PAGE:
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Four Day Hombre interview | Middlesbrough Empire | 27/09/03

Four Play

Interview by Dawn / Photo (July 2003) by Dawn

Since forming in 1999, Four Day Hombre have been steadily gaining fans thanks to a fairly hectic touring schedule and some spectacular live shows - none more impressive than their support slot to Rooney and Clarkesville at the Middlesbrough Empire in July. Back then, a flurry of publicity in the local paper heralded their arrival in Teesside thanks to their first single being championed by Radio 1, so when the boys returned to perform at the venue's Play night with Shed Seven, Dawn braved the ever-chilly Empire dressing room to have a chat about the boys' background and their plans for the future.

'The four of us met at Lancaster uni', explains bassist Jason, gesturing toward bandmates Ed (drums), Rich and Simon (both vocals/guitar). 'After uni, we moved to Leeds to do this full time and Ash was asked to join. He's a schoolfriend of Ed's, so he got his old drumkit out and we moved into a house and started writing and gigging.'

The band's biggest break thus far came when, earlier this year, Radio 1 launched an initiative to give airplay to unsigned acts and the public voted Four Day Hombre as one of their favourites. 'We got airplay in January, then again when the single [The First Word is the Hardest] came out in July, especially from Chris Moyles,' says Simon. 'I think we had about 15 to 20 daytime plays on different shows.'


Songwriting duties are shared - 'They're written as a co-operative', states Simon matter-of-factly - and when I spoke to them, the boys were soon to record their second single. 'We're going to release another single after Christmas - probably the end of January,' says Simon, who sounds unsure as to what it will be called, then smiles: 'We probably do know, but we're being coy.'

'Ooh, I love it when you're coy!' chips in Ash, giving his broad Yorkshire accent a distinctly camp air and making everyone laugh.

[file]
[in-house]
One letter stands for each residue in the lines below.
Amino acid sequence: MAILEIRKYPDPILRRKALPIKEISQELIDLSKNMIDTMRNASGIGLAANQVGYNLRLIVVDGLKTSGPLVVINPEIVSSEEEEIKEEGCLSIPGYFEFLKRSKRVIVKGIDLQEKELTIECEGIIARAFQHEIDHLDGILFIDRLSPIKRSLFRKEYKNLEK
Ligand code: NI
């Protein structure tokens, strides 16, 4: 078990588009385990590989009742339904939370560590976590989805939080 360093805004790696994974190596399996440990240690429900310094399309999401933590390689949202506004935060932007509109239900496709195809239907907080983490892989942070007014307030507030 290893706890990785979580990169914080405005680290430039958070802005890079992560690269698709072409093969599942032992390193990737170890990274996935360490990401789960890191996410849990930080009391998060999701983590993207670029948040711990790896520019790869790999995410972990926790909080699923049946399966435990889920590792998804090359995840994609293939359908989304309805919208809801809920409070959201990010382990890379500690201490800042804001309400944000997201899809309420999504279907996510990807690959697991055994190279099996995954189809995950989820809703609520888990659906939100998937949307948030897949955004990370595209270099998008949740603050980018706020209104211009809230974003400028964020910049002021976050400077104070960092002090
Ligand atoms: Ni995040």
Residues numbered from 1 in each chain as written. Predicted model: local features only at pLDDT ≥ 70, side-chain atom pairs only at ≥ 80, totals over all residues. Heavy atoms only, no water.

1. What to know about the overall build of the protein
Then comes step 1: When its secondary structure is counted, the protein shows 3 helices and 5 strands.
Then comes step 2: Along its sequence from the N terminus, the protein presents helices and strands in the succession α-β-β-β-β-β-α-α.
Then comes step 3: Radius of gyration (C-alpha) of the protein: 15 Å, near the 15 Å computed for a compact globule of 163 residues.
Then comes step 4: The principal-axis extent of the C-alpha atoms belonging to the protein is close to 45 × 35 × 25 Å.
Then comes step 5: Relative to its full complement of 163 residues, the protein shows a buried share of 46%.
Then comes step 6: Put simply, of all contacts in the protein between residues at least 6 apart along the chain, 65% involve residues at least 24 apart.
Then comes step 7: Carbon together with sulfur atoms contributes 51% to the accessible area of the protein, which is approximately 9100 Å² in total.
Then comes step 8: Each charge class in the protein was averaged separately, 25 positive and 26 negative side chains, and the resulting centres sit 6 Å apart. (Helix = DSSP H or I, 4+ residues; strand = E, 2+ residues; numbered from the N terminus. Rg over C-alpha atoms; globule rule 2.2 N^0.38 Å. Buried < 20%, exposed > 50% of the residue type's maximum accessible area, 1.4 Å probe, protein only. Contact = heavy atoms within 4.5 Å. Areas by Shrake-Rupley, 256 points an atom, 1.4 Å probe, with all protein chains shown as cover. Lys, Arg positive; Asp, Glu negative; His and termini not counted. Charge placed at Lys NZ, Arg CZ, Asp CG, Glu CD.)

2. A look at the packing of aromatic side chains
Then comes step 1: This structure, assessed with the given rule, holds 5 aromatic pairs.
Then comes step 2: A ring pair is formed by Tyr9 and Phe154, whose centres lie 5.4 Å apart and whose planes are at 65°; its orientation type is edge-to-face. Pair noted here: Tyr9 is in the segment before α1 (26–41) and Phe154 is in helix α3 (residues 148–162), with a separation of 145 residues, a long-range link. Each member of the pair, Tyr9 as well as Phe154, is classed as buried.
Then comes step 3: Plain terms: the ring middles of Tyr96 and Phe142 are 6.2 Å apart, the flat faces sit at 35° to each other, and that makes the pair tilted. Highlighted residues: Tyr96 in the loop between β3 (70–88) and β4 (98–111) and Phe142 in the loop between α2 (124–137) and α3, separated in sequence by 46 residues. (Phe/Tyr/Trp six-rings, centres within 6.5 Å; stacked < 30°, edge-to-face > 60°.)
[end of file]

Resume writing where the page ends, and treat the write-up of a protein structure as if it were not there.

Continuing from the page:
Getting back on track, Jason adds: 'I think an album will probably come after the single. We definitely have more than one album's worth of material ready to go, and we have the will and we have the way.'

The band's main aim is to continue to build up their profile: 'We just want to live off this - do this full time,' explains Rich, who enjoys both the full shows and the acoustic sets which Four Day Hombre perform: ' I think they've both got a place really, but I think if we could only do one, I'd do the full band.'

Asked about the songs they most enjoy playing live, they admit that nothing is set in stone: 'It's usually whatever we've written latest. Or something you haven't played recently,' says Simon. 'At the moment we've started playing some old stuff again and I've been really enjoying playing that.'

'It can be any song though,' Rich adds thoughtfully. 'I don't think it's any particular song; it's if a song goes well on that night.'

To end, then, the majority of reactions to the band have been extremely favourable, but has everyone been charmed by their vibrant guitars and soaring vocals?

'We had a review of the demo which said "Four Day Hombre have been penetrated by the double dildo of mediocrity",' says Simon, a wry smile suggesting that the description amused rather than angered him. 'That'll stay with me forever. Brilliant.'

Thanks to Four Day Hombre and to Jason for arranging the interview. Visit www.FourDayHombre.co.uk for more information.

 

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